The Unconditionality of the Gift and the Event (123)
The event…the unique, the one-off, happening now and never to be repeated.
Both the gift and the event must be unforeseeable and must be structured by the aleatory the “chancy,” apprehended in a “perception that is absolutely surprised by the encounter with what it perceives.” A gift or an event that was foreseeable would not be “lived” as either a gift or an event.
The condition common to both the gift and the event is a certain “unconditionality.” The event as gift and the gift as event must be irruptive, unmotivated, disinterested. They must tear the fabric, interrupt the continuum of the narrative that they call for. The effect of the gift and event must be in the instant, bringing into relation luck and the freedom of the throw of the dice. The gift and the event obey nothing, except perhaps principles of disorder.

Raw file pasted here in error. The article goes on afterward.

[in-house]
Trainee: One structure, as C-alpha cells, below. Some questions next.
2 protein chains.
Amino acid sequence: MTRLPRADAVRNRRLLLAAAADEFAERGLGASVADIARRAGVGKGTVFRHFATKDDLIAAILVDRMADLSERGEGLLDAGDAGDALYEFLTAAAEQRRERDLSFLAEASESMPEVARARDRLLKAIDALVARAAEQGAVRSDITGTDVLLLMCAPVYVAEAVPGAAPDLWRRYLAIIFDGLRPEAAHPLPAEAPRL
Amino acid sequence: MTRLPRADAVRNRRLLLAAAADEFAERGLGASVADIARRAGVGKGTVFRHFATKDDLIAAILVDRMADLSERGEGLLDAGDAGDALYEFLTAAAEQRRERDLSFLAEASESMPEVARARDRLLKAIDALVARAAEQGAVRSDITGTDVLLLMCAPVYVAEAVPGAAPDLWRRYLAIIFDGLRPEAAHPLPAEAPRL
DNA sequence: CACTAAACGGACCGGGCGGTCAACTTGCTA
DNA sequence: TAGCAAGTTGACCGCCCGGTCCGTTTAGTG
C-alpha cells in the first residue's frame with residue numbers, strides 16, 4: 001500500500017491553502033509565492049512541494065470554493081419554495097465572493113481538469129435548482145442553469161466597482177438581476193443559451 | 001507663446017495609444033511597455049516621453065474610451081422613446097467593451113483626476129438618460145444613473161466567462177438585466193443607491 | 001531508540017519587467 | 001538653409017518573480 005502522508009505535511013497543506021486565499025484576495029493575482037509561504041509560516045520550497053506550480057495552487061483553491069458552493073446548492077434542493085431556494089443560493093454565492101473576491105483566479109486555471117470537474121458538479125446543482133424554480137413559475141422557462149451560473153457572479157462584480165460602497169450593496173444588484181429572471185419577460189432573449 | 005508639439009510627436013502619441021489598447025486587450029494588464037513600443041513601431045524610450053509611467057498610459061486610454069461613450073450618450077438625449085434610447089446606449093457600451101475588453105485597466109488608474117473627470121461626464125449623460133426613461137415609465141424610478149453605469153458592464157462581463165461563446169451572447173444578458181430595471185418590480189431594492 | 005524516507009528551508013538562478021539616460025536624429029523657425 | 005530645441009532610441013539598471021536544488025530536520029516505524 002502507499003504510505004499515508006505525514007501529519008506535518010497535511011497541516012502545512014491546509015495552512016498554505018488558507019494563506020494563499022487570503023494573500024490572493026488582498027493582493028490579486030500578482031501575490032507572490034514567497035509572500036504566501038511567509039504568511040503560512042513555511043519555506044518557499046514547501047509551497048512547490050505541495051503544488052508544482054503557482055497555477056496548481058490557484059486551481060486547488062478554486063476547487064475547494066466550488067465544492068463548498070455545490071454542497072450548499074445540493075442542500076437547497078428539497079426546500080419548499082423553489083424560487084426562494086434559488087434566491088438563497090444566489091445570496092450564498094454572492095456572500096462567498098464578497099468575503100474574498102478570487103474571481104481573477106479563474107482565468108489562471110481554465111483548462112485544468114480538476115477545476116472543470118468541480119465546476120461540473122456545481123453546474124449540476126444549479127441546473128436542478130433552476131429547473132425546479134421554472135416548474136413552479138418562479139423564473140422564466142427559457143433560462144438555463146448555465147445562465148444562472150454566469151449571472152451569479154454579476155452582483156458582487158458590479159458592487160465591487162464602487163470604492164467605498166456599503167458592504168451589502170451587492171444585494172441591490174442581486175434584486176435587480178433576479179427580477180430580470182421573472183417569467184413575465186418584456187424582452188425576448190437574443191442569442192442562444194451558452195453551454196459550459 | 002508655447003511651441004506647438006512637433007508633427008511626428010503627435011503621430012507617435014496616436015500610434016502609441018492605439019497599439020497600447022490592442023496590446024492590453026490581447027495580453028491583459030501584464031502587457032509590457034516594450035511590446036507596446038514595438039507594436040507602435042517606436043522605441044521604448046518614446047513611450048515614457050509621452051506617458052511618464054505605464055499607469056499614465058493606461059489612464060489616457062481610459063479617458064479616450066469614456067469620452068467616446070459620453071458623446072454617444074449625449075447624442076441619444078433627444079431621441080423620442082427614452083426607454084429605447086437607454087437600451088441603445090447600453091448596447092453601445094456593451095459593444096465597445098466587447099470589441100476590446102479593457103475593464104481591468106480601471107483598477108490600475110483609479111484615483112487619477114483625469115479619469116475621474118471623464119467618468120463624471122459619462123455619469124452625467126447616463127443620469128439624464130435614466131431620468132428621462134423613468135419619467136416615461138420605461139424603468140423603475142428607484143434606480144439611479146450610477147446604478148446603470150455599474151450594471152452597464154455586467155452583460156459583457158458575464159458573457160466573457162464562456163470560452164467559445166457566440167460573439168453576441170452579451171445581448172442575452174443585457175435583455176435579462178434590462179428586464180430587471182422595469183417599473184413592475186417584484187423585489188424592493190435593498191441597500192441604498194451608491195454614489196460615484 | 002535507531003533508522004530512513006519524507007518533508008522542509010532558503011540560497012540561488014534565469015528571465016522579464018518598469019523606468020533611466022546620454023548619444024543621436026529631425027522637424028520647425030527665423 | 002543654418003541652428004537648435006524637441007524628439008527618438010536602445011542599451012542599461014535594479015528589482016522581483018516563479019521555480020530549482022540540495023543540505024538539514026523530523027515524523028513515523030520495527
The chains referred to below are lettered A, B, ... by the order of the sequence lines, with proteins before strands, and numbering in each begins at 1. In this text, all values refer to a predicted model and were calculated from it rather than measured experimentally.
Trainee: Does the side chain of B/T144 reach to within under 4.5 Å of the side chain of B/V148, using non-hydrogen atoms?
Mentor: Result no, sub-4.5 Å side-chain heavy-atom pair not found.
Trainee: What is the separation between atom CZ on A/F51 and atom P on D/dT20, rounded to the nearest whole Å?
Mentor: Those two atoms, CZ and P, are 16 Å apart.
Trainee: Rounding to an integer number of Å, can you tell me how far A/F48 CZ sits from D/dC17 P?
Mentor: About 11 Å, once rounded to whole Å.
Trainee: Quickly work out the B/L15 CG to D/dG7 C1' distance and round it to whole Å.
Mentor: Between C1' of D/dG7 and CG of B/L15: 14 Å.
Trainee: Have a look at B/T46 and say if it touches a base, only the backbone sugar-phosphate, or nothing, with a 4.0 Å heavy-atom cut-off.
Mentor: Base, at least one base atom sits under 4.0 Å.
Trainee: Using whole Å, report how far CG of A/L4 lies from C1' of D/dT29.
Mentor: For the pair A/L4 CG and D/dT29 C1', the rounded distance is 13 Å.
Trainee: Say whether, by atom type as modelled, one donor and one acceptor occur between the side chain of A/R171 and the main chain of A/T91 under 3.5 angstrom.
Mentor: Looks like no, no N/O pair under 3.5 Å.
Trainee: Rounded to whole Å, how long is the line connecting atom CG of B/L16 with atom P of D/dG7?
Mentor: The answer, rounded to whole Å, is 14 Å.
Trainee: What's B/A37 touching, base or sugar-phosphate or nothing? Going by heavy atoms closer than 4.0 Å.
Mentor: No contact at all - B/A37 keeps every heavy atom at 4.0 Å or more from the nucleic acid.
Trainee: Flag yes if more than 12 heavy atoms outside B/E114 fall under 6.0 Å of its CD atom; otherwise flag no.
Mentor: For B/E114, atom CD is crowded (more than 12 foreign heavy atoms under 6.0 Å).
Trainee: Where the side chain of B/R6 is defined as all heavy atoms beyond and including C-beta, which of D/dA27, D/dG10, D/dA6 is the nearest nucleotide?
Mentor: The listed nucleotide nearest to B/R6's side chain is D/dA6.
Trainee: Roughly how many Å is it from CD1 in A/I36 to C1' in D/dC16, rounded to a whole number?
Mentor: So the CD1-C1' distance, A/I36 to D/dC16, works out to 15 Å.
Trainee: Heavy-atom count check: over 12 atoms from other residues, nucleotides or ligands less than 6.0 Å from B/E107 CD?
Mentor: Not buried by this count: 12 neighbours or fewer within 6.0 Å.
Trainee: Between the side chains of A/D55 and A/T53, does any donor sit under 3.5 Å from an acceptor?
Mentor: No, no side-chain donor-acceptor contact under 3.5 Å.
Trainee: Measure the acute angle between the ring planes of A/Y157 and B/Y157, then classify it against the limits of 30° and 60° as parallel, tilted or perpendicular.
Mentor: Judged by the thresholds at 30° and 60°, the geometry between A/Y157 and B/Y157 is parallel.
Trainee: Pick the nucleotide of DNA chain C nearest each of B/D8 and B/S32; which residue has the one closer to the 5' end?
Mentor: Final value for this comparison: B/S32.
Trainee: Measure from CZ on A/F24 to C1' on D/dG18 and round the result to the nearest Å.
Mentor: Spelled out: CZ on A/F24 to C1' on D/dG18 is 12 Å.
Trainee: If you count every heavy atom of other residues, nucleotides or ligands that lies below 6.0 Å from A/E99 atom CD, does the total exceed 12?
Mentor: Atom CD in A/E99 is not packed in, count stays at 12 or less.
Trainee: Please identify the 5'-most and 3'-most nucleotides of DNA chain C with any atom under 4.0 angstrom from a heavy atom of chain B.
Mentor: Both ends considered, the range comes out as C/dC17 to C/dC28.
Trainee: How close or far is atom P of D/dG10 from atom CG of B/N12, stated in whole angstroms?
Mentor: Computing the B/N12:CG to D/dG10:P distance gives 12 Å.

Yet effects of pure chance will never constitute a gift if its meaning includes the desire to give a gift. Derrida asks “what would a gift be if I gave without wanting to give?” This is the paradox of the gift, which is explored from the beginning of Given Time. There is no gift without the intention of giving, the gift can only have a meaning that is intentional in both senses of the word. Intention as wanting to give and intentionality as being directed towards the gift and the act of giving. Yet this intentional meaning also threatens the gift with being taken for and kept as a gift, annulling it as a gift. This expresses the enigma of the gift event, which must encompass both chance and intentional freedom, “these two conditions must – miraculously, graciously – agree with each other.”